The Worst Ideas for Training

You’ve probably seen private companies making a lot of regrettable training mistakes which are shockingly easy to fix. Just about every company pays a fair amount of lip service to the idea that the best employee is a well-trained employee, but what mistakes can be seen over and over again? Check out some of the worst things that you can do when it comes to training your employees.

Mistake #1: Thinking Job Shadowing Is Enough

Job shadowing is an important part of most training processes. It allows your new employees to figure out what is going on, and to figure out how the job gets done. However, when it is used alone, there are a number of problems. It puts the onus of training on your already-busy employees, it can offer an incomplete view of the training, and it prevents you from learning more about the employees before you send them out to represent you. This is one of the worst things that you can do!

Mistake #2: Long and Uninterrupted Training

When you are training, you need to remember how the human brain works. Most people do not learn well in long and uninterrupted sessions. As a matter of fact, people learn the best when things are broken up for them. The things that you learn at the beginning of the session and at the end of it are the things that stick with you the most. One of the best strategies that you can employ involves breaking up the day into 20 minute chunks with very short breaks in between. This helps for memory retention.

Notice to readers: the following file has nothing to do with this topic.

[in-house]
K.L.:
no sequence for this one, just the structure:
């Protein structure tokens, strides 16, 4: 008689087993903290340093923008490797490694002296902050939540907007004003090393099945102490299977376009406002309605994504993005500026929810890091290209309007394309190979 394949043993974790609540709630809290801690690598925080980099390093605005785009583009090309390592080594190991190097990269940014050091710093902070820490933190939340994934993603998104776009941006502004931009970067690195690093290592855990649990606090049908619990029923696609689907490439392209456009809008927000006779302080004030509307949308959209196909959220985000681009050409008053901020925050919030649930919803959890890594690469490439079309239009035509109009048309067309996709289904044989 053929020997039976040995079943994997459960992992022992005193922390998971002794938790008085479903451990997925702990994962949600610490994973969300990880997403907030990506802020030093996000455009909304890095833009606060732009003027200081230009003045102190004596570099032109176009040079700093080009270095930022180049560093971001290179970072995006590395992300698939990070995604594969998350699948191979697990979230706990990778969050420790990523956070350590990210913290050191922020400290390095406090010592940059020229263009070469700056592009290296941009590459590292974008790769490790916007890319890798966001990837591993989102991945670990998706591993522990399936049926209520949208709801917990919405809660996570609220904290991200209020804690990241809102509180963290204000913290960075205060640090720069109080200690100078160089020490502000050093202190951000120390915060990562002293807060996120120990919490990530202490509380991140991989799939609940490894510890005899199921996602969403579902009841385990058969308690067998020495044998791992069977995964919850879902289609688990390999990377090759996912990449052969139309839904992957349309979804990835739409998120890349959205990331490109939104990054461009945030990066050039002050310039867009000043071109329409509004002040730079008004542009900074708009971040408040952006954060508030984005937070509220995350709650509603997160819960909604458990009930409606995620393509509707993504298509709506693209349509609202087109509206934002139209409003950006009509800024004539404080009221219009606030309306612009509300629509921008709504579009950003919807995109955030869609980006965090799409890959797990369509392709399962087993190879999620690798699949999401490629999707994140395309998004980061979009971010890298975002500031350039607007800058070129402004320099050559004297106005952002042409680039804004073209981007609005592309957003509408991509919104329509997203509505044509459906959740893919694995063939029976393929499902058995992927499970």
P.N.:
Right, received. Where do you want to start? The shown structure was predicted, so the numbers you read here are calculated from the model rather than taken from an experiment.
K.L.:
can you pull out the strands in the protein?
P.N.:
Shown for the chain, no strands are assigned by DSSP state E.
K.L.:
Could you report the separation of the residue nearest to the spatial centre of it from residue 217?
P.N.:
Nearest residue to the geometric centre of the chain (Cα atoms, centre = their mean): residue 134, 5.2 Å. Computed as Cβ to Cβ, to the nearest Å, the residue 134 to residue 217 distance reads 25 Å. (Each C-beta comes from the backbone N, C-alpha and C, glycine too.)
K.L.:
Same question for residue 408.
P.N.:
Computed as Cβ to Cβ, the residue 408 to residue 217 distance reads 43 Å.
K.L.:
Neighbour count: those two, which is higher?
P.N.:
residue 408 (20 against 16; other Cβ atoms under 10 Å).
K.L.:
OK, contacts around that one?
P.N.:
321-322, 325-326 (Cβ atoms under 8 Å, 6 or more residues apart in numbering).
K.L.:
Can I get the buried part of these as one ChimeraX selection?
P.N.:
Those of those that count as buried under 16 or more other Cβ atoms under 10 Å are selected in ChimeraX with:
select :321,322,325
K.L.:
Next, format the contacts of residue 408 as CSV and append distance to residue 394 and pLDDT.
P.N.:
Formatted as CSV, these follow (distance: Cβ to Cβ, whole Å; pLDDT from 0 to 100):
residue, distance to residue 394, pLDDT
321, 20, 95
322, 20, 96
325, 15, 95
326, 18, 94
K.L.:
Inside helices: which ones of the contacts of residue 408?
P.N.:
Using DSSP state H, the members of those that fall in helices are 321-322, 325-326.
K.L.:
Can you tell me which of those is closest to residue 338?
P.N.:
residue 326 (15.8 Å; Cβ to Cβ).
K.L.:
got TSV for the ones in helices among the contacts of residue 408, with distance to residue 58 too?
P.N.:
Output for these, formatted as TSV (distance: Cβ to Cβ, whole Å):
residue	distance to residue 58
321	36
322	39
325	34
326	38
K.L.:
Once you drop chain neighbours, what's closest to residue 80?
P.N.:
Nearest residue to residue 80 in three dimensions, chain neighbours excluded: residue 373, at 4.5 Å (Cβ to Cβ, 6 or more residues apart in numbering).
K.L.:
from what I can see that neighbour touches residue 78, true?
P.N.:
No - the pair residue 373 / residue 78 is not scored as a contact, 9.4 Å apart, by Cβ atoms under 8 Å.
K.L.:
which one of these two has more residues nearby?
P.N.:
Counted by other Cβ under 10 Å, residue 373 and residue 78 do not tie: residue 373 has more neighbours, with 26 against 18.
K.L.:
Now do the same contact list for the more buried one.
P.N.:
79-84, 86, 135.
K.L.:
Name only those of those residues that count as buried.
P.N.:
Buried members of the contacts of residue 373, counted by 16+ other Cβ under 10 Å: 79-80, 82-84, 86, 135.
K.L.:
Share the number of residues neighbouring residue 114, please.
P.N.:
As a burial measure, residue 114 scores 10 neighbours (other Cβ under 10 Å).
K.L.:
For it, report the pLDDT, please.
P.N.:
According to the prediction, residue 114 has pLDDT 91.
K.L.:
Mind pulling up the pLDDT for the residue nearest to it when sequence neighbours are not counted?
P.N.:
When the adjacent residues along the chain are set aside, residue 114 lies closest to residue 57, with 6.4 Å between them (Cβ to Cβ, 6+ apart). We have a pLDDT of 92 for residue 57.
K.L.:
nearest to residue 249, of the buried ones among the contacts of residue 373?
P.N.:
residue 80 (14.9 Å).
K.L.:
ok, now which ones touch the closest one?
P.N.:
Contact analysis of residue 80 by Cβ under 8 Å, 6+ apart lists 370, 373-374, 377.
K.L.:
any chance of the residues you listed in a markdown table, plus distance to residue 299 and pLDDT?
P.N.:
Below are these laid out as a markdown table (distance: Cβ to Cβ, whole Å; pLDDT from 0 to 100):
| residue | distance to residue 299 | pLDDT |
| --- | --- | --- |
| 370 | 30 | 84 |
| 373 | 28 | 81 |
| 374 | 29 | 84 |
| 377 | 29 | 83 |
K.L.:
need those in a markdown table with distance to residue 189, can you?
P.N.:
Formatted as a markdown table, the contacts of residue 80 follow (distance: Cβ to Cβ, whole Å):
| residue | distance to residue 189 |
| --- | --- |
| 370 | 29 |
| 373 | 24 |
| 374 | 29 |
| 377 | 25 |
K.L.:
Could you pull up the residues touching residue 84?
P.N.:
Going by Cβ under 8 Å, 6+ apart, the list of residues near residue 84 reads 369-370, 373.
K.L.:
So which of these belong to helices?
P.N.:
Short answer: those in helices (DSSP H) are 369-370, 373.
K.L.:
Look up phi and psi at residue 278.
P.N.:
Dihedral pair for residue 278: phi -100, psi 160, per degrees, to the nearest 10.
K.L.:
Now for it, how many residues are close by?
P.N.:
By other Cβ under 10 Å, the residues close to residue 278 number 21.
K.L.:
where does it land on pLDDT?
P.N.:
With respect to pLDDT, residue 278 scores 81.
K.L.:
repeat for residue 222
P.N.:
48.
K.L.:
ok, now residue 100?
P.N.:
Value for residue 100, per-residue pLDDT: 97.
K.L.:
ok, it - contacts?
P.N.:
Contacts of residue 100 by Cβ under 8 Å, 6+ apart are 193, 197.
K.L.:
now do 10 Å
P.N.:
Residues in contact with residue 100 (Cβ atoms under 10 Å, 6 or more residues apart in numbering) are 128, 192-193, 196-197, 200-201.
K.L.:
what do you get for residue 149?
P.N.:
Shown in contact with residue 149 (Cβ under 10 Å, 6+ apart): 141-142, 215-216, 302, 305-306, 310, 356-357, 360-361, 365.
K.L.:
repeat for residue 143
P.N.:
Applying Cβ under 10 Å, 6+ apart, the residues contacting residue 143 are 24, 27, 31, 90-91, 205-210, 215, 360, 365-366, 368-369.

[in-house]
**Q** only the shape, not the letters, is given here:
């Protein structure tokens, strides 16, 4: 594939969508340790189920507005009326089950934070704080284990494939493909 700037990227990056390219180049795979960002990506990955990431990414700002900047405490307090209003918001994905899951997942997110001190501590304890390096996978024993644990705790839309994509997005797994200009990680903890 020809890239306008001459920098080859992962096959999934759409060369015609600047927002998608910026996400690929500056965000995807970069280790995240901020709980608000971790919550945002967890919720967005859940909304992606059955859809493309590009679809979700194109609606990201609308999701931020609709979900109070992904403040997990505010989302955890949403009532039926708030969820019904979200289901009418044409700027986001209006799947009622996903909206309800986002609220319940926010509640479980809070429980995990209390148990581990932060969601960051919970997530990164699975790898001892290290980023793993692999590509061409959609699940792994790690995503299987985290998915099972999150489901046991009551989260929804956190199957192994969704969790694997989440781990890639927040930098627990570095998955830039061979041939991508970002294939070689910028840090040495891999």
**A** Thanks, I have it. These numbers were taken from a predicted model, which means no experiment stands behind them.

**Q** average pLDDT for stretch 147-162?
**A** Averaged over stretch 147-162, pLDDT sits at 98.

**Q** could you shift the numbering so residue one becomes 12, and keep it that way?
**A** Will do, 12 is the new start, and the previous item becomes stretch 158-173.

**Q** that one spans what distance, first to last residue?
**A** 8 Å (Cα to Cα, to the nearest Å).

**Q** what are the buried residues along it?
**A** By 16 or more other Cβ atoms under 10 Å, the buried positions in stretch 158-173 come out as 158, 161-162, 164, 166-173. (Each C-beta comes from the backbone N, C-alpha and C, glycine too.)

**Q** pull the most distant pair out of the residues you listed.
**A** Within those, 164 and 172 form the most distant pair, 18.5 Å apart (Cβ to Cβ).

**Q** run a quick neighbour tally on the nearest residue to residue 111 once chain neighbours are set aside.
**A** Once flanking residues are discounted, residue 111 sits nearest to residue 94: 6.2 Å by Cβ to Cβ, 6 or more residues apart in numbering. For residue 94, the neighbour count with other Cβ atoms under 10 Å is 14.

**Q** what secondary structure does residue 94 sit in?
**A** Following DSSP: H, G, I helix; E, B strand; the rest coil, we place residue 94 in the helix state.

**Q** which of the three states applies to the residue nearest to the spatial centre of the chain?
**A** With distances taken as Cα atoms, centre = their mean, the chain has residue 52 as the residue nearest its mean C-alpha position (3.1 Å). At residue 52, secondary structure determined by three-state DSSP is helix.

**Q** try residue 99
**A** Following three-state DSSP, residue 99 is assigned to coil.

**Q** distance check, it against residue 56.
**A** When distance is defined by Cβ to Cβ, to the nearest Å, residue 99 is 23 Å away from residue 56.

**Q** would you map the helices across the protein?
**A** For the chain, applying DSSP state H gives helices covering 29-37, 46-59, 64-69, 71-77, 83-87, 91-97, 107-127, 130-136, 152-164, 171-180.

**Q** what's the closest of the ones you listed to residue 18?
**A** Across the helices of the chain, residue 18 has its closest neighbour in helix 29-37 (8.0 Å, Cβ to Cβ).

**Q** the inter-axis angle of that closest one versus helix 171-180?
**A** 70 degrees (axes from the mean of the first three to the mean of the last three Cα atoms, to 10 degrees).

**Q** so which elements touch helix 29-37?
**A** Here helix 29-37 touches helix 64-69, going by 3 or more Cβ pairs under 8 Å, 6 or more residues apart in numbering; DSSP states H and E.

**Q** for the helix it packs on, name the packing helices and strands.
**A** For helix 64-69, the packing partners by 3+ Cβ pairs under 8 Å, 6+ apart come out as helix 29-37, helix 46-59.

Mistake #3: Large Training Groups

When you are trying to get people to learn more about the different things that go into working for your company, you should stick with a small group of people if at all possible. Some of the most effective groups to work with when you are looking at training involve fewer than ten people. In a group of this size, you will find that you can easily keep control while still having enough people to get things done.

Mistake #4: Lecturing Only

There is a fair amount that you can convey to people through lecturing and through PowerPoint presentations, but it is a mistake to think that this is the only way that you can teach them. Many businesses default to PowerPoint presentations because they take less time and effort, but if you can, engage the other senses as well. For example, take a moment to consider practical exercises, like role-playing or letting your new employees try to work on a mock work station. This is something that can go a long way towards getting them to the place they need to be.

What training mistakes have you seen happen in your organization?

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